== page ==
Carow Hall, Conference Room
April 22, 2015, 10:00 AM to 06:30 AM
Chapter 1 Textiles and the Historical Emergence of Gender Equality in China
This paper seeks to better understand the historical determinants of son preference among Han Chinese. I test the hypothesis that historical textile production led to a decline in son preference. I exploit exogenous variation in historical textile production at the county level to casually identify the effect of textiles on son preference, following a technology shock in late 13th Century. I find that historical textile production is positively correlated with female labor participation, and negatively correlated with sex ratio imbalances and sex-specific parental investment. My results are robust to various robustness checks, micro-level analyses, and an instrumental variable estimation. I identify cultural transmission as a possible channel of the persistence effect of historical textile production on today's son preference and gender norms.
Chapter 2 The Literary Inquisition: The Persecution of Intellectuals and Human Capital Accumulation in China
Imperial China used an empire-wide system of examinations to select civil servants. Using a semiparametric matching-based difference-in-differences estimator, I show that the persecution of scholar-officials led to a decline in the number of examinees at the provincial and prefectural level. To explore the long-run impact of literary inquisitions I employ a model to show that persecutions could reduce the provision of basic education and have a lasting effect on human capital accumulation. Using the 1982 census I find that literary inquisitions reduced literacy by between 2.25 and 4 percentage points at a prefectural level in the early 20th century. This corresponds to a 69% increase in the probability of an individual being illiterate. Prefectures affected by the literary inquisition had a higher proportion of workers in agriculture until the 1990s.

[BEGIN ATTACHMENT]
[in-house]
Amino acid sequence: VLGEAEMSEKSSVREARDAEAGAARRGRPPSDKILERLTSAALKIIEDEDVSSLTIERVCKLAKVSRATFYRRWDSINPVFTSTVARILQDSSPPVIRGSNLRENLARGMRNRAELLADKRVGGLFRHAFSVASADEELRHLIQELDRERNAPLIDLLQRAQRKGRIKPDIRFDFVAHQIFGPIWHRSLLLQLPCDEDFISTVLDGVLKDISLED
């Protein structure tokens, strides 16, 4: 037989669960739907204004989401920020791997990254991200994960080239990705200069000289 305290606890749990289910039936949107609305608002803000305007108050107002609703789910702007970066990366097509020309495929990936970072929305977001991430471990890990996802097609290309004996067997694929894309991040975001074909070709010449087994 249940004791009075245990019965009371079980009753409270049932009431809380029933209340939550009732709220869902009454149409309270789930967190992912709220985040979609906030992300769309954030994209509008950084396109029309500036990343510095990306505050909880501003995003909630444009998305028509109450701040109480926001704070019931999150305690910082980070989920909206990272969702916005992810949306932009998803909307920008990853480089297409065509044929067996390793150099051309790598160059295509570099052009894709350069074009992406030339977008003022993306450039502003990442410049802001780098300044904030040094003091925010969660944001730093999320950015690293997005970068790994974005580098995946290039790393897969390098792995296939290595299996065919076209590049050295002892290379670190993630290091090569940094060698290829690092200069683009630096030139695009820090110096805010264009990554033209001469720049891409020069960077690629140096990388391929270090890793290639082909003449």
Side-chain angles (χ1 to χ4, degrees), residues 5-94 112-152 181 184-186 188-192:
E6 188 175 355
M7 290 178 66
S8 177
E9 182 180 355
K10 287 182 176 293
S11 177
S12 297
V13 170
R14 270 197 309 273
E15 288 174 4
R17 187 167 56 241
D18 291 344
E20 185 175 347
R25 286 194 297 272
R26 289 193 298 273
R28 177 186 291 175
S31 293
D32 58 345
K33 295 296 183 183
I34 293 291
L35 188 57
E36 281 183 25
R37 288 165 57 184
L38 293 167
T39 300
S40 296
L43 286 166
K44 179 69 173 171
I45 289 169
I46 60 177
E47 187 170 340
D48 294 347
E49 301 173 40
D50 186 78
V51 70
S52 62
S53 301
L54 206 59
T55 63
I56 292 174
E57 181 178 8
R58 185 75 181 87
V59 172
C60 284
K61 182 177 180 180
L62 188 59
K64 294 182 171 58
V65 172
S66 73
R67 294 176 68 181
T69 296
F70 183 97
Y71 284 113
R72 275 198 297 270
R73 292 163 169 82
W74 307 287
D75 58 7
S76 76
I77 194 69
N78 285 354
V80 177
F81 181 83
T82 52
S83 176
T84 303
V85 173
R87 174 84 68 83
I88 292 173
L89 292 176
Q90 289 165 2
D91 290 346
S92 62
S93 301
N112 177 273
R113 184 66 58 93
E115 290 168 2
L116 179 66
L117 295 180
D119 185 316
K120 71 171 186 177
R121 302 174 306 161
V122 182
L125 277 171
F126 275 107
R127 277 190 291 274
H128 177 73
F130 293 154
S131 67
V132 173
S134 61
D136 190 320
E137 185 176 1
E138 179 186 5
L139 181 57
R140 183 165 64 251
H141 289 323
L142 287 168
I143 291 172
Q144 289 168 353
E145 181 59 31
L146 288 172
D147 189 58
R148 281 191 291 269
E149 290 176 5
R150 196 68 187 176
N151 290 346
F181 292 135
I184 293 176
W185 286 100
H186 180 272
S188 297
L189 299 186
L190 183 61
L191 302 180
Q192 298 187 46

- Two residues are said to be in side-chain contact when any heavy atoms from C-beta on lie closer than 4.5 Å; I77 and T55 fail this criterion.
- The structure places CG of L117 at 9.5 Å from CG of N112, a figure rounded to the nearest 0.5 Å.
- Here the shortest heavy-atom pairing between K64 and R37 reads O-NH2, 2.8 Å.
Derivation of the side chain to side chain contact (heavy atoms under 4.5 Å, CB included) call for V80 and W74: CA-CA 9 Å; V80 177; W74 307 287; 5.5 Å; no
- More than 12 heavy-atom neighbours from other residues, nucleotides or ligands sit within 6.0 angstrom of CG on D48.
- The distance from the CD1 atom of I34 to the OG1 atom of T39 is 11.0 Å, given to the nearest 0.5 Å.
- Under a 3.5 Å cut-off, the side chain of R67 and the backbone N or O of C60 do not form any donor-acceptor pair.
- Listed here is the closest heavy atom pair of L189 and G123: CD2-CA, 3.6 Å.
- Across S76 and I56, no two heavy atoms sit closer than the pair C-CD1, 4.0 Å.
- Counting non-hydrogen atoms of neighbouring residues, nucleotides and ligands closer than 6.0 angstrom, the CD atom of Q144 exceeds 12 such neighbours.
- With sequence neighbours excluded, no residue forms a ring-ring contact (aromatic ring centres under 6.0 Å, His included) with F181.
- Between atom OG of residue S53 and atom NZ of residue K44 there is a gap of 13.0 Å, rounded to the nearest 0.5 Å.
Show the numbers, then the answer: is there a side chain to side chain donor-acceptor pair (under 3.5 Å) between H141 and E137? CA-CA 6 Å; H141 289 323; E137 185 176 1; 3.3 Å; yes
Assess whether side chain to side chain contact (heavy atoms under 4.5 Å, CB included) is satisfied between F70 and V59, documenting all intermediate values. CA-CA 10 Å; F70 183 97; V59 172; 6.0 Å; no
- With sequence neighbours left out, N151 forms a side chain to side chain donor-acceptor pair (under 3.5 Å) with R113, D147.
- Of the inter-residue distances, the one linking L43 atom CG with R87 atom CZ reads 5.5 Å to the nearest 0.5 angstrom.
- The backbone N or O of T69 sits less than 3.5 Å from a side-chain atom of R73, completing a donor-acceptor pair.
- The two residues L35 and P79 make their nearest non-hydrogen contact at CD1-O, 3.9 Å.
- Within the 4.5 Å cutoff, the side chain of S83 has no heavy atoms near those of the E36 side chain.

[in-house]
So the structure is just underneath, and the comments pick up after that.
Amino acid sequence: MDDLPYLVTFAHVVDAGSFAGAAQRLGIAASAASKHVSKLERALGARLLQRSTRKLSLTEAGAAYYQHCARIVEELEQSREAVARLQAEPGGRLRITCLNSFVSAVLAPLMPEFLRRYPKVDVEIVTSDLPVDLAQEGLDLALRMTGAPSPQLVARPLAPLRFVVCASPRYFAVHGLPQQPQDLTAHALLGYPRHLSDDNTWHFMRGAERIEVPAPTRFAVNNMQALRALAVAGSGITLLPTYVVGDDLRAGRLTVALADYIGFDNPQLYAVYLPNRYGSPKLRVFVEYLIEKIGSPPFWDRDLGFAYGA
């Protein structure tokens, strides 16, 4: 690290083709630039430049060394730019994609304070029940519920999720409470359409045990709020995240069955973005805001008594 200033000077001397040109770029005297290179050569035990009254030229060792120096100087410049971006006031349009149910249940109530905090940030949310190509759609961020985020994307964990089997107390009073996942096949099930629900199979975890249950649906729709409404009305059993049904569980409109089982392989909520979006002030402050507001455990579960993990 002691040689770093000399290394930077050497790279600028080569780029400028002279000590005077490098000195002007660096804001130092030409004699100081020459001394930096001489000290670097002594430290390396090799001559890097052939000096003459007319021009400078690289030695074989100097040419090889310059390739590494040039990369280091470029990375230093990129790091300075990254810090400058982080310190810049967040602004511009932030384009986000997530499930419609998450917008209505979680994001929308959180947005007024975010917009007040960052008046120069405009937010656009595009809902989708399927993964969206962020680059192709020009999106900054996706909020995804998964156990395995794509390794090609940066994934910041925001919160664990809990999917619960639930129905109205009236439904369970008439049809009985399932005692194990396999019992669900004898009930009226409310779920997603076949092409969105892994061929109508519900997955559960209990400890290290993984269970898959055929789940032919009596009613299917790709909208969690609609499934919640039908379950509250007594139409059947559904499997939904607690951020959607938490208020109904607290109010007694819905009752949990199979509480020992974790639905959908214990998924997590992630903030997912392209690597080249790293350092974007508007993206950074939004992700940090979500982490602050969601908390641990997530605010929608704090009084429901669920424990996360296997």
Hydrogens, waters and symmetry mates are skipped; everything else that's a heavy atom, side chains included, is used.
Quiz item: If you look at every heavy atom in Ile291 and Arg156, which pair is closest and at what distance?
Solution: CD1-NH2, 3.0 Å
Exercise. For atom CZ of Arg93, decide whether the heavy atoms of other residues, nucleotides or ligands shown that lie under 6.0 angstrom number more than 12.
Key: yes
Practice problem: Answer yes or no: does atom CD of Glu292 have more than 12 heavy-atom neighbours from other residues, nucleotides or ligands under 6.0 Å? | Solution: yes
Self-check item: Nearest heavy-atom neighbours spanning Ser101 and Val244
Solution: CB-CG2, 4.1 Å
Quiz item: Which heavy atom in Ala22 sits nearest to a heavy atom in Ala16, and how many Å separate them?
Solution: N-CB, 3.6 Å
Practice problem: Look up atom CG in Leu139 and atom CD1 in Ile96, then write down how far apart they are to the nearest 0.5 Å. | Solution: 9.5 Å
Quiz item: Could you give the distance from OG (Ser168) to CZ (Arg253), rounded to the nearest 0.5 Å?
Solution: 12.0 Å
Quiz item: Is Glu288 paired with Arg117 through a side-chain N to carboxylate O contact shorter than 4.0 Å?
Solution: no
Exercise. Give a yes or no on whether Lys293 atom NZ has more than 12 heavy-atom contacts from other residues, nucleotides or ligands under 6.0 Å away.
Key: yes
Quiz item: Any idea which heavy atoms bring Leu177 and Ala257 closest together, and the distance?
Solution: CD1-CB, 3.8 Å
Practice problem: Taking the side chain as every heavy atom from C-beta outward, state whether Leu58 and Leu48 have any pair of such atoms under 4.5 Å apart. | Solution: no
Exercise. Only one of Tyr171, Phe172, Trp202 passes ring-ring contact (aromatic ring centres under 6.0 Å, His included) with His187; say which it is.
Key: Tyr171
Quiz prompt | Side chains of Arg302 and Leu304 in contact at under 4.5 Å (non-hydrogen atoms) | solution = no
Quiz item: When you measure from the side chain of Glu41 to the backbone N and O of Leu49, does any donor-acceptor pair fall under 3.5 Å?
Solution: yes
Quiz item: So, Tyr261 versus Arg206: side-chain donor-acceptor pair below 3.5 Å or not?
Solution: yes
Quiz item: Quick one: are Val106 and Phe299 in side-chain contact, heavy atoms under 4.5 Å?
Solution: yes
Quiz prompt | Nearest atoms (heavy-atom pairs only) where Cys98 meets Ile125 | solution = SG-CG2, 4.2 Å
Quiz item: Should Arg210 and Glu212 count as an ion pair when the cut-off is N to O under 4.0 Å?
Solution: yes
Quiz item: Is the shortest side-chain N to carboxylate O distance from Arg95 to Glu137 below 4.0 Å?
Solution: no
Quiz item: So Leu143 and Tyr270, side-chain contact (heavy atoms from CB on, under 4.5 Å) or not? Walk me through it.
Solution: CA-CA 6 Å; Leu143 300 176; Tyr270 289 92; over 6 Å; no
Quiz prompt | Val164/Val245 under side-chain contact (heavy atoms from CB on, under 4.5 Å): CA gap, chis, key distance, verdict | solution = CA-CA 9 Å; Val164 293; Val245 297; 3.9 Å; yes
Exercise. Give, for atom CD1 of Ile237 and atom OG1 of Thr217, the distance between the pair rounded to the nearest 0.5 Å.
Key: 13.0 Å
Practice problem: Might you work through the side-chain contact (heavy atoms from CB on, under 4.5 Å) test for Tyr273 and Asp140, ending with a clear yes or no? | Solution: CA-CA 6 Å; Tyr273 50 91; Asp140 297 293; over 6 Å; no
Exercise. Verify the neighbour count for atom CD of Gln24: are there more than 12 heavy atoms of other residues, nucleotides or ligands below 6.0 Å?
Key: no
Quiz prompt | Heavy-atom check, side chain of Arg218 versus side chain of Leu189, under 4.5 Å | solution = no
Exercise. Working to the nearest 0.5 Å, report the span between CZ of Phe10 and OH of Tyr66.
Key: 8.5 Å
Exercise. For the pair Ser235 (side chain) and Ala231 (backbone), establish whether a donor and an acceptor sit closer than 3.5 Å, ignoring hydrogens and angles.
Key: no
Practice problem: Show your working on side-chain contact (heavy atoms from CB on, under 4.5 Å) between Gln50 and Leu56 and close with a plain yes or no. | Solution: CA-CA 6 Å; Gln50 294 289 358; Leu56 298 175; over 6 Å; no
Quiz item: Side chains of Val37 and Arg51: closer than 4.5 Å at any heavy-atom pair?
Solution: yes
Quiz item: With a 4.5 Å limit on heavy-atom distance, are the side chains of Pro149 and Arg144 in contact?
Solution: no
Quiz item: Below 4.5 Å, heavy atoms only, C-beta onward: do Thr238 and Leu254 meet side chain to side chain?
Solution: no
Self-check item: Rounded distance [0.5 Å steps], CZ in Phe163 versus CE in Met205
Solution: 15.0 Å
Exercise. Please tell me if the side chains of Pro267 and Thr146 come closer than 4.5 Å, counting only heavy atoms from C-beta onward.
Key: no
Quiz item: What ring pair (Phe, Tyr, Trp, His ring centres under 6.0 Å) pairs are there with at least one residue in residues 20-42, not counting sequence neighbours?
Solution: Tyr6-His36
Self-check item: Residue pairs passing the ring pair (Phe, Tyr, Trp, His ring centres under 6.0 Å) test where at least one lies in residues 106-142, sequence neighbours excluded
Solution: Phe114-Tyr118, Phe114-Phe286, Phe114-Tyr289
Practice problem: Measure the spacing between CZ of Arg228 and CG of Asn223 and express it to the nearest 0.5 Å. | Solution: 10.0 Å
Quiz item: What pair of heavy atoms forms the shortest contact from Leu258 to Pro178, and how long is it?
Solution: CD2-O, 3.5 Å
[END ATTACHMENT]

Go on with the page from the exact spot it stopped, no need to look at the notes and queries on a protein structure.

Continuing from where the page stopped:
Chapter 3 Raising Dragons
I study why China suddenly exhibited a large surge in births -- a 50% increase in 2000 relative to 1999 -- in the 2000 Year of the Dragon by disaggregating birth rates at the city level. I define the dragon effect as a relative jump in birth rates compared to the trend. Prior to 2000, Asian nations with large numbers of ethnic Chinese -- but not China -- exhibited strong dragon year effects. I exploit the uneven economic growth of regions in China to understand the emergence of the dragon effect. I find that the dragon effect was most pronounced in rapidly developing cities having higher incomes, higher average education, and greater employment prospects as proxied by the share of non-local residents. My main findings at the city level are supported by our micro-level analysis, where I show the dragon effect to be strongly correlated with educational attainment of family members and membership in a multi-generational household.